5 reasons trust is essential for good marketing results

5 reasons trust is essential for good marketing results

Note: This does not apply to any of my Wax clients so if you’re reading, don’t get paranoid, K? 

wax marketingI was talking to a PR colleague of mine about client management yesterday. There are many, many things that can screw up a marketing/communications campaign but lack of trust is probably one of the biggest obstacles to good results. You might think an intangible like trust wouldn’t have such a strong impact, but it does. Perhaps it’s due to some new age universal energy factor, or maybe it’s The Secret, but if you don’t trust your marketing or PR person you’re going to get terrible results. Every time. I promise.

Here are five non-new agey ways in which trust plays a part in your campaign results.

  • Lack of trust often results in micromanaging. When I’m nervous about a project, I tend to micromanage my staff. Business owners often think they “know marketing” because they see it all day long. But micromanaging your marketing person has a huge negative impact. Your marketing or PR person loses confidence when constantly questioned. And without confidence, it’s impossible for them to be at their creative best or pitch your story with enthusiasm. The best people are always second-guessing themselves all the time anyway. Add your own partly-uneducated helicoptering and you will circumvent many of the things you hired them for in the first place;  experience, passion for the project and organizational skills. 
  • Lack of trust often results in impatience. Marketing and public relations take time. I have one colleague that wisely advises all her clients that it takes six months for a PR campaign to gain traction. However expectations are set, realize that marketing is a process of failing forward. There is a period of time for adjustment of message and selection of best channels. Outside factors apply that are not in our control,  and budget plays a big part too. Stop expecting homeruns the first time at the plate. Trust your marketing or PR person and let them work.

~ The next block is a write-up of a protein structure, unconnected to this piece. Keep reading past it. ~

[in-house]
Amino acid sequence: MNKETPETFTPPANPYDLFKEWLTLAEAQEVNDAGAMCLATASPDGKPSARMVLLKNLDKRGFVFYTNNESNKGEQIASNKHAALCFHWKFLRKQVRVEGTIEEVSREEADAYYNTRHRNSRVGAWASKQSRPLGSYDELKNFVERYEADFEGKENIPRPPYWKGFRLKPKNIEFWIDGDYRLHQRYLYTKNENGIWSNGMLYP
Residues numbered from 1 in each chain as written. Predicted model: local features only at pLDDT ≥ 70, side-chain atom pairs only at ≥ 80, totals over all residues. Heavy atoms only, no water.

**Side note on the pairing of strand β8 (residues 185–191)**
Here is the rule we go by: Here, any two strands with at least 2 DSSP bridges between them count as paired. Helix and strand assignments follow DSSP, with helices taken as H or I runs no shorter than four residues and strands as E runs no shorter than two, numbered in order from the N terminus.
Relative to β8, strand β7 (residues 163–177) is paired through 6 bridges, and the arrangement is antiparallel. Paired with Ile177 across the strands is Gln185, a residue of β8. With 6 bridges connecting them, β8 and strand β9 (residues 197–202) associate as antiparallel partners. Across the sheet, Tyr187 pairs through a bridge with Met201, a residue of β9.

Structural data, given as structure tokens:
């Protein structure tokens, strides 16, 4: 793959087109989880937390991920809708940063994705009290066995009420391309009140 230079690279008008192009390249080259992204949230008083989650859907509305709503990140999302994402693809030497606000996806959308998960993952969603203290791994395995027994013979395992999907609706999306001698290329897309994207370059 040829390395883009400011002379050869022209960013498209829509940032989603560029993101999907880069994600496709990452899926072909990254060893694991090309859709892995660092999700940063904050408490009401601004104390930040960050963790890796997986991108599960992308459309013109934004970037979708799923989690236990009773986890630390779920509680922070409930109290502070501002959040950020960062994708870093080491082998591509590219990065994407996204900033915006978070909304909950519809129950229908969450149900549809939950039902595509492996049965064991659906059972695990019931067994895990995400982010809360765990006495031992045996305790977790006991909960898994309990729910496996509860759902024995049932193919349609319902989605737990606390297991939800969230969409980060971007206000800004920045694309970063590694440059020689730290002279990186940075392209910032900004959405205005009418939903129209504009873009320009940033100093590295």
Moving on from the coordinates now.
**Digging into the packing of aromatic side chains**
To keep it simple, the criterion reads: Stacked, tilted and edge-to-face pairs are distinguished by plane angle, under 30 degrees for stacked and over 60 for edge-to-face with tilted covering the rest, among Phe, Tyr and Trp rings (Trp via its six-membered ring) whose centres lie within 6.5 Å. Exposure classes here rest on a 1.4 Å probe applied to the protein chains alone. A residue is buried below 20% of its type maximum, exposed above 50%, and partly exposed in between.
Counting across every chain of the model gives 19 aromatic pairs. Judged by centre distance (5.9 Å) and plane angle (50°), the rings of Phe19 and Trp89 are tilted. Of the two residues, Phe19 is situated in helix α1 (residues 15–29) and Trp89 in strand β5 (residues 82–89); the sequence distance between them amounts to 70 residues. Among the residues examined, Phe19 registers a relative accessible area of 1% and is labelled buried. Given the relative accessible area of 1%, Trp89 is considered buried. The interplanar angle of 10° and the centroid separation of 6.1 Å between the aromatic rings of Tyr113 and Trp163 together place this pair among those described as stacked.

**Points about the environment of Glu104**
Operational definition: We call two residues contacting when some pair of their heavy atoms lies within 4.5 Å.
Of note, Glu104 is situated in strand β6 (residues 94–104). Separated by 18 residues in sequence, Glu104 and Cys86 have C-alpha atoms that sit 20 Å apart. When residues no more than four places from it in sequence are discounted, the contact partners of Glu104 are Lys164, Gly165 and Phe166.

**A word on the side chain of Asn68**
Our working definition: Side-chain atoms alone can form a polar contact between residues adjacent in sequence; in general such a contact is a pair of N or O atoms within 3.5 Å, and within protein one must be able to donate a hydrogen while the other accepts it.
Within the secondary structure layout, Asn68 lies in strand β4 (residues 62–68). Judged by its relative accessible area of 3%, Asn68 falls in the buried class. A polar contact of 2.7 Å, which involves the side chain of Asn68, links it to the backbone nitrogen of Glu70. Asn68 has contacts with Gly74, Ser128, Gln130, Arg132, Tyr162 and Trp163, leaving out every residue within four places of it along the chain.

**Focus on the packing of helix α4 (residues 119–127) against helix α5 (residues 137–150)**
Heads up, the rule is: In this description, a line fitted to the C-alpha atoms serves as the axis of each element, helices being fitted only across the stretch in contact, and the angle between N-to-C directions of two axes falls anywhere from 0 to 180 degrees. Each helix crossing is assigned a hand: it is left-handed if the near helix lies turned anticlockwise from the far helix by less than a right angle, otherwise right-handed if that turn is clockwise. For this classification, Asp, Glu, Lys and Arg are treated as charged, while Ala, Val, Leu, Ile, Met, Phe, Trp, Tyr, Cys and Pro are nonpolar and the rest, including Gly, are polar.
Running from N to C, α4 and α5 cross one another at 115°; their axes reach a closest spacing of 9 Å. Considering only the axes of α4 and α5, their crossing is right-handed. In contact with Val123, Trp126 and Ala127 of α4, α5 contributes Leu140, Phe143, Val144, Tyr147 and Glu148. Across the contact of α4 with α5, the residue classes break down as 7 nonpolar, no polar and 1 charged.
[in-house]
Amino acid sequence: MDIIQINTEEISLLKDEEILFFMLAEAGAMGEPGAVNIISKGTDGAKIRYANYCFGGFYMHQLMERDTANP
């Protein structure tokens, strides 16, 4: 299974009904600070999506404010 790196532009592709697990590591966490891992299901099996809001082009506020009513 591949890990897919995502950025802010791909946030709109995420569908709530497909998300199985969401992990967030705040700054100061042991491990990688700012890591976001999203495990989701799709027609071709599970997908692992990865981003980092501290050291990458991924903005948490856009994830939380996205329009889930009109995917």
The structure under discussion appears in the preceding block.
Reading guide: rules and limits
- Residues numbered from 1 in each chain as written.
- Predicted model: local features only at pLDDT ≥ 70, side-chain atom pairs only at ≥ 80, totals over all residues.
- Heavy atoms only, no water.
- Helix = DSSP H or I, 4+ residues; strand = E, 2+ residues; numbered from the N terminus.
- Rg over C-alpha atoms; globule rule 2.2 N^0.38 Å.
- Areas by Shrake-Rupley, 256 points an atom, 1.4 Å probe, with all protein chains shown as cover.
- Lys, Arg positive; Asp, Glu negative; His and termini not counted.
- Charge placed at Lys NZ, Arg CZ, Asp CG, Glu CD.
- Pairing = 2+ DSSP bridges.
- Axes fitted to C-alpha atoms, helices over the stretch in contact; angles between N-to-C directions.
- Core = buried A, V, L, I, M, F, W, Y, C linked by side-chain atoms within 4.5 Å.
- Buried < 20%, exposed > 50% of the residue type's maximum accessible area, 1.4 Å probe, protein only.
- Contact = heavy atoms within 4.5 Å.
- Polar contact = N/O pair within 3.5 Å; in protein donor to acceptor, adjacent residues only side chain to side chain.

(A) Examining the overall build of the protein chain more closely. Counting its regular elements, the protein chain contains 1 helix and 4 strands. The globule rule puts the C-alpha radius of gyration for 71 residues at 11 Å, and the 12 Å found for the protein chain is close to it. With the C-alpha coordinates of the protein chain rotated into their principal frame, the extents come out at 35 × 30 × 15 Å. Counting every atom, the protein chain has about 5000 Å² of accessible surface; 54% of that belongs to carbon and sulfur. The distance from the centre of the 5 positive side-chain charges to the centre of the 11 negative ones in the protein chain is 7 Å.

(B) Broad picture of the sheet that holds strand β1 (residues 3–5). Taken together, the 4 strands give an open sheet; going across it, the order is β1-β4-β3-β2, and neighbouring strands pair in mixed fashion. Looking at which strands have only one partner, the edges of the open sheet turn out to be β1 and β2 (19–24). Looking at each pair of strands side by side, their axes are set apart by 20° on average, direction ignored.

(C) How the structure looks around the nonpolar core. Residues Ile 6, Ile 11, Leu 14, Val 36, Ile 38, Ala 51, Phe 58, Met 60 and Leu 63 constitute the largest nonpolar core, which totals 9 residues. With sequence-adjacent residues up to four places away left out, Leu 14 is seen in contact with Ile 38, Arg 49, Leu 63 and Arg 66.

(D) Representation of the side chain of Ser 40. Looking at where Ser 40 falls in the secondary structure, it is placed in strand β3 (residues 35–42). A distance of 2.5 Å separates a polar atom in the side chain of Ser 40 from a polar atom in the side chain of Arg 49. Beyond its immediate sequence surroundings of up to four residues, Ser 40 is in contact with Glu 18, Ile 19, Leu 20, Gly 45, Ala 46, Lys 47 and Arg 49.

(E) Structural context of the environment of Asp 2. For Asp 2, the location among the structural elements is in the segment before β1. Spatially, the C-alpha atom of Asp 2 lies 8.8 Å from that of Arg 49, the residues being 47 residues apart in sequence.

• Lack of trust means you may try to “do it yourself”. How many times have  you not just given input, but rewritten copy (poorly) or tried to call a media contact yourself?  As a business owner or entrepreneur you’re smarter than most people, it’s true, and you’ve got a lot of energy. Keep your fingers out of the pie and give your marketing person input that helps them use their talents effectively. Again, that’s what you hired them for!
  • Lack of trust makes you question every hour spent and require frequent, detailed status. First of all, as I mentioned earlier, micromanaging really hurts the creative process. More importantly, implying that you feel you may not be getting your money’s worth strikes at the heart of your communications staff. These people are typically great project managers, but they have a huge sensitive side that is vital to the success of their work. Questioning someone’s billing or work ethic is offensive at best. It also creates a sense of discomfort that leads, once again, to poorer product. And as a side note, do you really want your expensive staff spending hours creating detailed status reports once a week? Get your status verbally or in a monthly report. If there are project details that need to be communicated, figure out a way to do that easily.
  • Finally, lack of trust for your marketing or PR person could mean you don’t trust yourself either. Maybe you don’t trust the process you went through to select the person, or you don’t trust your own judgement in selecting the proper stories or messaging, or worst of all, you don’t trust the value of your service or product. When you find yourself impatient, constantly questioning results or helicoptering your staff or consultant, take a minute to ask yourself if the problem is them. Or if the problem is really you.

Next up…how to find a PR or marketing consultant you KNOW you can trust!